Zuckerman Spaeder’s David Reiser Named 2021 Brennan Award Winner
March 23, 2021
The D.C. Bar has named David Reiser of Zuckerman Spaeder LLP the recipient of its 2021 William J. Brennan Jr. Award for his decades of service advocating for access to justice for the “poor and powerless.” The award, which honors D.C. Bar members for their excellence, commitment, and dedication in the areas of civil rights, civil liberties, and the public interest, will be presented at the Bar’s annual Celebration of Leadership on June 24.
Reiser spent more than a decade at the Public Defender Service for the District of Columbia (PDS) as a staff attorney, supervisor, special counsel, and ultimately general counsel. He served as special assistant to the general counsel of the U.S. Department of Housing and Urban Development during the Clinton administration, working on a wide range of issues, including lead paint remediation, affordable housing preservation, fair housing, and predatory lending.
As counsel at Zuckerman Spaeder, where he has specialized in appellate litigation since 2001, he has committed thousands of hours to pro bono service, including significant contributions to the establishment, development, and expansion of the Legal Aid Society of the District of Columbia’s Barbara McDowell Appellate Advocacy Project. The project not only litigates appeals on behalf of Legal Aid clients, but also files amicus briefs on cases involving matters of importance to people living in poverty.
Reiser views much of his work as an attempt to make the invisible visible. “To me, the real gap in representation is the representation of individual clients in low visibility cases where a lot of real injustice happens . . . not injustice from malice, but injustice from indifference, where the cases just don’t seem important enough and the stakes are small, or at least they seem small to somebody that’s not poor or powerless,” he says. “So, what I’ve really tried to focus on is work that doesn’t appeal to people very much because it seems insignificant except that, by the standards of people who are desperately poor, it’s everything.”
Reiser expressed surprise upon learning he was to receive the award, although it will not be his first. The Legal Aid Society honored him as a Servant of Justice in 2006, and the American Bar Association recognized him with its Pro Bono Publico Award in 2010. “I’m not saying it is completely unfathomable, but the people who have gotten the [Brennan] Award in the past have made really significant contributions to the legal community and the District of Columbia in general, and I’m flattered to be considered in that group,” Reiser said.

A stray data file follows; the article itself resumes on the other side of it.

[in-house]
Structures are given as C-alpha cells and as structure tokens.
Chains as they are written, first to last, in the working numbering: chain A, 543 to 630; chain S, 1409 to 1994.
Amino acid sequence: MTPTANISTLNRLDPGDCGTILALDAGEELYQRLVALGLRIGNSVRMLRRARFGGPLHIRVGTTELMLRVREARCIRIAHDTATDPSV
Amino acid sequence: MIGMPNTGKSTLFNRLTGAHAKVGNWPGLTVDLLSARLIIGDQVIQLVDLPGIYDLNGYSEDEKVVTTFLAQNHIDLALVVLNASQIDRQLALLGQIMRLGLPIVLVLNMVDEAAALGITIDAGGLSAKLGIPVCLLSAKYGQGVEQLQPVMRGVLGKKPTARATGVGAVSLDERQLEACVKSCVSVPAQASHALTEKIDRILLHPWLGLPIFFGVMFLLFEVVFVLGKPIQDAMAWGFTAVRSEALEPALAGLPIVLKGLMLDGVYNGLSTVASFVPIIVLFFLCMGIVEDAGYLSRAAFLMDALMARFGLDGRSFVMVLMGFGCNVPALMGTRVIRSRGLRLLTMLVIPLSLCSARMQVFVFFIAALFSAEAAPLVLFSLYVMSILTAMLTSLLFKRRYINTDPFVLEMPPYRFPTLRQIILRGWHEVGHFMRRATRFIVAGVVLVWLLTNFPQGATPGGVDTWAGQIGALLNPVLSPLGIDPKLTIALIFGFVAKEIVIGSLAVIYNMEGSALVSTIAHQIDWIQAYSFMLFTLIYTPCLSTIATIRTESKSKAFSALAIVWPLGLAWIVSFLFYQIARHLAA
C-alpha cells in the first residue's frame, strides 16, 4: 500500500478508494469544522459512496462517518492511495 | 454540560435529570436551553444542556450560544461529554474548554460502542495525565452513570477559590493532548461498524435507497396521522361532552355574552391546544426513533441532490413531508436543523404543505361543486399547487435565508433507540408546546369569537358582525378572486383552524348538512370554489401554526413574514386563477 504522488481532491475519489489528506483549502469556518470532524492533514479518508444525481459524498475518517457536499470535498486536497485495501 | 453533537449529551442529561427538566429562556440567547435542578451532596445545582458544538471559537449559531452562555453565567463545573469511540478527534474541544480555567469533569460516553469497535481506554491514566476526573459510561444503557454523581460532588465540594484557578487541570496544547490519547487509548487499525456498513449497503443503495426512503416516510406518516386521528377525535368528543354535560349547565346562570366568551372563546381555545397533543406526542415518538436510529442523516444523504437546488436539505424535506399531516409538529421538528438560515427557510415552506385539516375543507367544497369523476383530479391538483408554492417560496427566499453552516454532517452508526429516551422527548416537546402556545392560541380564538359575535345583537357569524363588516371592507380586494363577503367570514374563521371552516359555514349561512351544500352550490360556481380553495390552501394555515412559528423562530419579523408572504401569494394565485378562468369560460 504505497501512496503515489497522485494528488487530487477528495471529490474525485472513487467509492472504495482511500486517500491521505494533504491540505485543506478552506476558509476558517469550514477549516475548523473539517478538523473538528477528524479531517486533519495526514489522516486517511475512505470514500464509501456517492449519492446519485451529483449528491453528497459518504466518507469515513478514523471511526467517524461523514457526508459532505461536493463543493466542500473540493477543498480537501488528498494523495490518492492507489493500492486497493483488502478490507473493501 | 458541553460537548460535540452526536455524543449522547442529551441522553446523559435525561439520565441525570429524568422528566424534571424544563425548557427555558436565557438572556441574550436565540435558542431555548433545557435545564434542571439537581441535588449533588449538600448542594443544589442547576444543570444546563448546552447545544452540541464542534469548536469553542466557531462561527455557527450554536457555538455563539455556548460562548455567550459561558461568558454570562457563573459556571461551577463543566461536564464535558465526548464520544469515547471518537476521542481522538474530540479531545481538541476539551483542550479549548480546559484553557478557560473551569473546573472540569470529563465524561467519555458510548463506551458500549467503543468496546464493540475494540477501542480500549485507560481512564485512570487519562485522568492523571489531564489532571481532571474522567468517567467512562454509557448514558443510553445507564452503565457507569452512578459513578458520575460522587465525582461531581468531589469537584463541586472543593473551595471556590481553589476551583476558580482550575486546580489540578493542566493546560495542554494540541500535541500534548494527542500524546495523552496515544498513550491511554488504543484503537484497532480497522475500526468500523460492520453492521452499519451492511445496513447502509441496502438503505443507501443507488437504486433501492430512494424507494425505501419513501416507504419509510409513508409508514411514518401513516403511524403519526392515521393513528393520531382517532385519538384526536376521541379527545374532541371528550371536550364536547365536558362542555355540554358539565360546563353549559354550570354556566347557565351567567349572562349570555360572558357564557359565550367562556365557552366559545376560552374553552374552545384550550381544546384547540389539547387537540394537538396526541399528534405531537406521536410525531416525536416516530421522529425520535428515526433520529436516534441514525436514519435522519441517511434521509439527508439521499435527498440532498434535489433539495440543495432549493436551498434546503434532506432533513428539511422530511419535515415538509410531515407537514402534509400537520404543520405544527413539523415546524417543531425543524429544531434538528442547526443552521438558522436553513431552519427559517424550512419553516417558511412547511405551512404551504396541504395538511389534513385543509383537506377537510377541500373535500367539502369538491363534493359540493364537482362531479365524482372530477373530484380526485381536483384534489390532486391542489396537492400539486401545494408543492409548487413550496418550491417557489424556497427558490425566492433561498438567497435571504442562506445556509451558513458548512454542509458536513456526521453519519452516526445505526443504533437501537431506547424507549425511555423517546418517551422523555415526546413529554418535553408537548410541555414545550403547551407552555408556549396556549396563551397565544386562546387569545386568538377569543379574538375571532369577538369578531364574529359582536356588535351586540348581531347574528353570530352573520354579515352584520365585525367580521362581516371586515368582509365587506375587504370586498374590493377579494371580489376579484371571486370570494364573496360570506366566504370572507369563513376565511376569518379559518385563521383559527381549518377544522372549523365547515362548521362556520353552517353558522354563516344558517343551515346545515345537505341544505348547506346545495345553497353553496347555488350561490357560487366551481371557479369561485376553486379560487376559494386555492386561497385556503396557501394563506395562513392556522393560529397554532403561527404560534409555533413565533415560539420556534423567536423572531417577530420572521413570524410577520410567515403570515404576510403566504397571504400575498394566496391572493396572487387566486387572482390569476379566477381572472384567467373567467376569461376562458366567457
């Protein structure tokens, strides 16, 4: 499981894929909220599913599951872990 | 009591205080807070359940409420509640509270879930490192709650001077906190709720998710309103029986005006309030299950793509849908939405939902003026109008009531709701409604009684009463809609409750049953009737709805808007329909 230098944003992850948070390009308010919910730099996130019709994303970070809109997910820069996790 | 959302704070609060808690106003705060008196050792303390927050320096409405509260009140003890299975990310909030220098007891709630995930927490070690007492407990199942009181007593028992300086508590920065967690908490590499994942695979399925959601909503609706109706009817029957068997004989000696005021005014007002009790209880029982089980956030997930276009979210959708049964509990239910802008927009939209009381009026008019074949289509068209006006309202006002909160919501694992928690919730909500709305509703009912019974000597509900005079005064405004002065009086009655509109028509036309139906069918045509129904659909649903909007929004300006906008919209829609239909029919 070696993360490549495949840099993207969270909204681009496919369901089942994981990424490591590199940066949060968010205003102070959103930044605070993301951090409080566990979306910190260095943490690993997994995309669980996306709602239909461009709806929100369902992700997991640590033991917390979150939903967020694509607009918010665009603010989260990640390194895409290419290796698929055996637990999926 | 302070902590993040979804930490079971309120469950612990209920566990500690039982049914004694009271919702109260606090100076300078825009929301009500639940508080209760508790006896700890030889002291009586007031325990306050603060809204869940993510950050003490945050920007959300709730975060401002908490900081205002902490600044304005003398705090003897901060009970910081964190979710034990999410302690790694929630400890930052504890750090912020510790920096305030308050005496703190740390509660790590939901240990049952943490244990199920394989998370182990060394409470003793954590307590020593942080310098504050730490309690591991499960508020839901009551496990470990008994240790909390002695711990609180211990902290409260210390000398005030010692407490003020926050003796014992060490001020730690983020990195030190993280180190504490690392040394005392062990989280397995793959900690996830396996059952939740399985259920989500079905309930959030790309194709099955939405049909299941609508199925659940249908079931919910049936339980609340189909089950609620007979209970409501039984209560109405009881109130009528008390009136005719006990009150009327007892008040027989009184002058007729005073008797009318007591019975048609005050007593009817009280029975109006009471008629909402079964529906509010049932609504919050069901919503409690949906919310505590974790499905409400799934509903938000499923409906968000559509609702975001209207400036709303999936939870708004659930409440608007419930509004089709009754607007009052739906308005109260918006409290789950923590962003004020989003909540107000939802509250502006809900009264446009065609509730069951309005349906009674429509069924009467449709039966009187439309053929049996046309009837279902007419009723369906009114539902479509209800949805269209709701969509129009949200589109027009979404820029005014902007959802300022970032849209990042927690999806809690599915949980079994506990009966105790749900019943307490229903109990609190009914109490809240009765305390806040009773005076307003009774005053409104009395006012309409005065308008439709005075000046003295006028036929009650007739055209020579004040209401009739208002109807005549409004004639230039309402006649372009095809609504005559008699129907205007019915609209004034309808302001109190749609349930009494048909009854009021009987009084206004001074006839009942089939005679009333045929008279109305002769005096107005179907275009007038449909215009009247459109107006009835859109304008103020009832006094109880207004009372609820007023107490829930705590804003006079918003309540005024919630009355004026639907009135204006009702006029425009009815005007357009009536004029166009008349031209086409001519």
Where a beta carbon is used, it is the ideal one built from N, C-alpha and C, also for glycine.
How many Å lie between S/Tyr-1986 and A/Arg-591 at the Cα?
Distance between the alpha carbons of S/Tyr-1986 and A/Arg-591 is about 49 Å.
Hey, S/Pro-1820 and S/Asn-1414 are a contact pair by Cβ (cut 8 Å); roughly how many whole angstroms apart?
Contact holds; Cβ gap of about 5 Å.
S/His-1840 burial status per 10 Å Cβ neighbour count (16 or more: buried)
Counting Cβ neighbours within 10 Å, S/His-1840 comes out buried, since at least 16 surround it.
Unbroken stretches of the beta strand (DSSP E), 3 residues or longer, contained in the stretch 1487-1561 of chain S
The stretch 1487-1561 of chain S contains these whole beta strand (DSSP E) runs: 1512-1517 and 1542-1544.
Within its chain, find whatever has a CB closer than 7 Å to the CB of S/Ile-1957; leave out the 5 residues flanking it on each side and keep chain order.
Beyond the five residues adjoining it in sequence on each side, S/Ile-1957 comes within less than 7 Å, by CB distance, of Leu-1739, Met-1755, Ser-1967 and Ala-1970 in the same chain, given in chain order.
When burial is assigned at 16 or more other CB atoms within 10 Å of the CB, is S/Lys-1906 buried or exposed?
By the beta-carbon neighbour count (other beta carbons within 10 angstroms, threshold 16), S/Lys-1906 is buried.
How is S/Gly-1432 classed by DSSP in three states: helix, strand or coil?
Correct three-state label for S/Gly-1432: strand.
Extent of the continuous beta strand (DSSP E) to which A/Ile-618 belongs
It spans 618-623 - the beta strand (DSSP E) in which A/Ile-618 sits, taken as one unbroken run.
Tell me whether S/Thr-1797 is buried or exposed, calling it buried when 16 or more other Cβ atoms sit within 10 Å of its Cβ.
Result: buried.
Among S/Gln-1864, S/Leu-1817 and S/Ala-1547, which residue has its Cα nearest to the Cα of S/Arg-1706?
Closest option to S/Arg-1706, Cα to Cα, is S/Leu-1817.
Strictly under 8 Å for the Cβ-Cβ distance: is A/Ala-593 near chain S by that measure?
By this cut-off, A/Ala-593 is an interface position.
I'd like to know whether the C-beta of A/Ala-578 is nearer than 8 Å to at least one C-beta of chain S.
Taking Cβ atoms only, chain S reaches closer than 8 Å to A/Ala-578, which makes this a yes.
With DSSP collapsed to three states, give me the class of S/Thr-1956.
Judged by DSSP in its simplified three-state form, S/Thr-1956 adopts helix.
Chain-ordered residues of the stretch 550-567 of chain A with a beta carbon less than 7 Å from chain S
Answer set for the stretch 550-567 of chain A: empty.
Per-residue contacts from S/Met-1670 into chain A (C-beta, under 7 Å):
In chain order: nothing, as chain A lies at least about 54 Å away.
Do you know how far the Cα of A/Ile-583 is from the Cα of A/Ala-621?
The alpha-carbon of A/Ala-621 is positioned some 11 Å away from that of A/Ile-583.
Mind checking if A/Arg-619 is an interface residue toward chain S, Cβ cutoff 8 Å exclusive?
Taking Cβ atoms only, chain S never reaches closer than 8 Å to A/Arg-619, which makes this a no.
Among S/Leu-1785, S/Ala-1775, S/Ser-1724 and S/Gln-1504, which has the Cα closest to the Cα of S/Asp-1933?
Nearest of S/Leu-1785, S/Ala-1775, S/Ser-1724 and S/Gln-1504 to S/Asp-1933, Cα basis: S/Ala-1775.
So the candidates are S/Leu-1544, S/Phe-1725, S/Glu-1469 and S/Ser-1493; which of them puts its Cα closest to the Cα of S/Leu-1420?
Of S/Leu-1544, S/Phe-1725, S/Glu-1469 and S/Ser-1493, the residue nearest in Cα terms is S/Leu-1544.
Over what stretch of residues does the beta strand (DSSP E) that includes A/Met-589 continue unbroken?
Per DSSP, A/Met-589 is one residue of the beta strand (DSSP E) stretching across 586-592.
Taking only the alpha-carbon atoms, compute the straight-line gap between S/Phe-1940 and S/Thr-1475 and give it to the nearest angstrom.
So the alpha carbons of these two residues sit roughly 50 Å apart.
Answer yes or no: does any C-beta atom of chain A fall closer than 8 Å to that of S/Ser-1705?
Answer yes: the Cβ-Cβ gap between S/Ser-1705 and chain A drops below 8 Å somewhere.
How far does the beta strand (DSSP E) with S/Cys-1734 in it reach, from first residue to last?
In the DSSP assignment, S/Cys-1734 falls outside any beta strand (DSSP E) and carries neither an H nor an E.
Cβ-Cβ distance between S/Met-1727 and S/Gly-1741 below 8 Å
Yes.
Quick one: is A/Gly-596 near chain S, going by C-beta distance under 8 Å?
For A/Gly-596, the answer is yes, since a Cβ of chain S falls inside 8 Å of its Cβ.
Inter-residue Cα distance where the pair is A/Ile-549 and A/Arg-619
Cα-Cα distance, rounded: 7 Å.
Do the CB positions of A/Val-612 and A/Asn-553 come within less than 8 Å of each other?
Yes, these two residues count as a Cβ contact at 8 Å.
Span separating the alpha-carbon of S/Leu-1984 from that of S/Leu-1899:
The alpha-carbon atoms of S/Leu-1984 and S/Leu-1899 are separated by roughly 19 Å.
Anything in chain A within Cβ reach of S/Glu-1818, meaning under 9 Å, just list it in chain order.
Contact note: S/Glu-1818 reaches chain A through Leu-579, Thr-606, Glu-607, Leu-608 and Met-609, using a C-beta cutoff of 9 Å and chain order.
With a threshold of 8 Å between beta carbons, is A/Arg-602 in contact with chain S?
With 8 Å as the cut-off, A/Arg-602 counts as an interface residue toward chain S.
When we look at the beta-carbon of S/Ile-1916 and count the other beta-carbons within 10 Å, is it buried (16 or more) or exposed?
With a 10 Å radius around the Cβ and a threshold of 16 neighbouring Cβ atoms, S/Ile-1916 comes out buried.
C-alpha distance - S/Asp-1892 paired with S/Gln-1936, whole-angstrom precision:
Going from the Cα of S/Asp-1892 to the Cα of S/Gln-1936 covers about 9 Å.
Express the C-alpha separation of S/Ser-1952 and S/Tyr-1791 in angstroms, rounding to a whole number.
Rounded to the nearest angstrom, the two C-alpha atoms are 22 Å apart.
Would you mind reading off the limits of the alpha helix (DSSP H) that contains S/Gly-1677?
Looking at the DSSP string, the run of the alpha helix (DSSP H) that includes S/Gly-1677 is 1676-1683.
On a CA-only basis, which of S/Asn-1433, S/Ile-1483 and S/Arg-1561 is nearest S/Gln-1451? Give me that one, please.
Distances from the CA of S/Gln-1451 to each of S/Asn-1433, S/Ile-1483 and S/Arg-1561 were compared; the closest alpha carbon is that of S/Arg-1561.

His colleagues have noted his modesty despite being an extraordinary legal strategist with limitless energy. His efforts in mentoring and encouraging others to take on pro bono work are also remarkable.
Reiser’s own thoughts on the importance of representing the indigent provide ample explanation for his selection as this year’s Brennan Award winner. “One of the things I think I learned when I was at the Public Defender Service is that you can have great consent decrees and great court remedial orders and not have very meaningful relief for individuals unless there are people fighting in the trenches every day to make sure that the rights that are on paper are actually honored in practice,” Reiser said.
Established in 1993, the William J. Brennan Jr. Award is presented biennially (alternating with the Thurgood Marshall Award) to a D.C. Bar member who has demonstrated exceptional achievement in the pursuit of equal justice and who has made a significant, positive impact on the quality of administration of justice.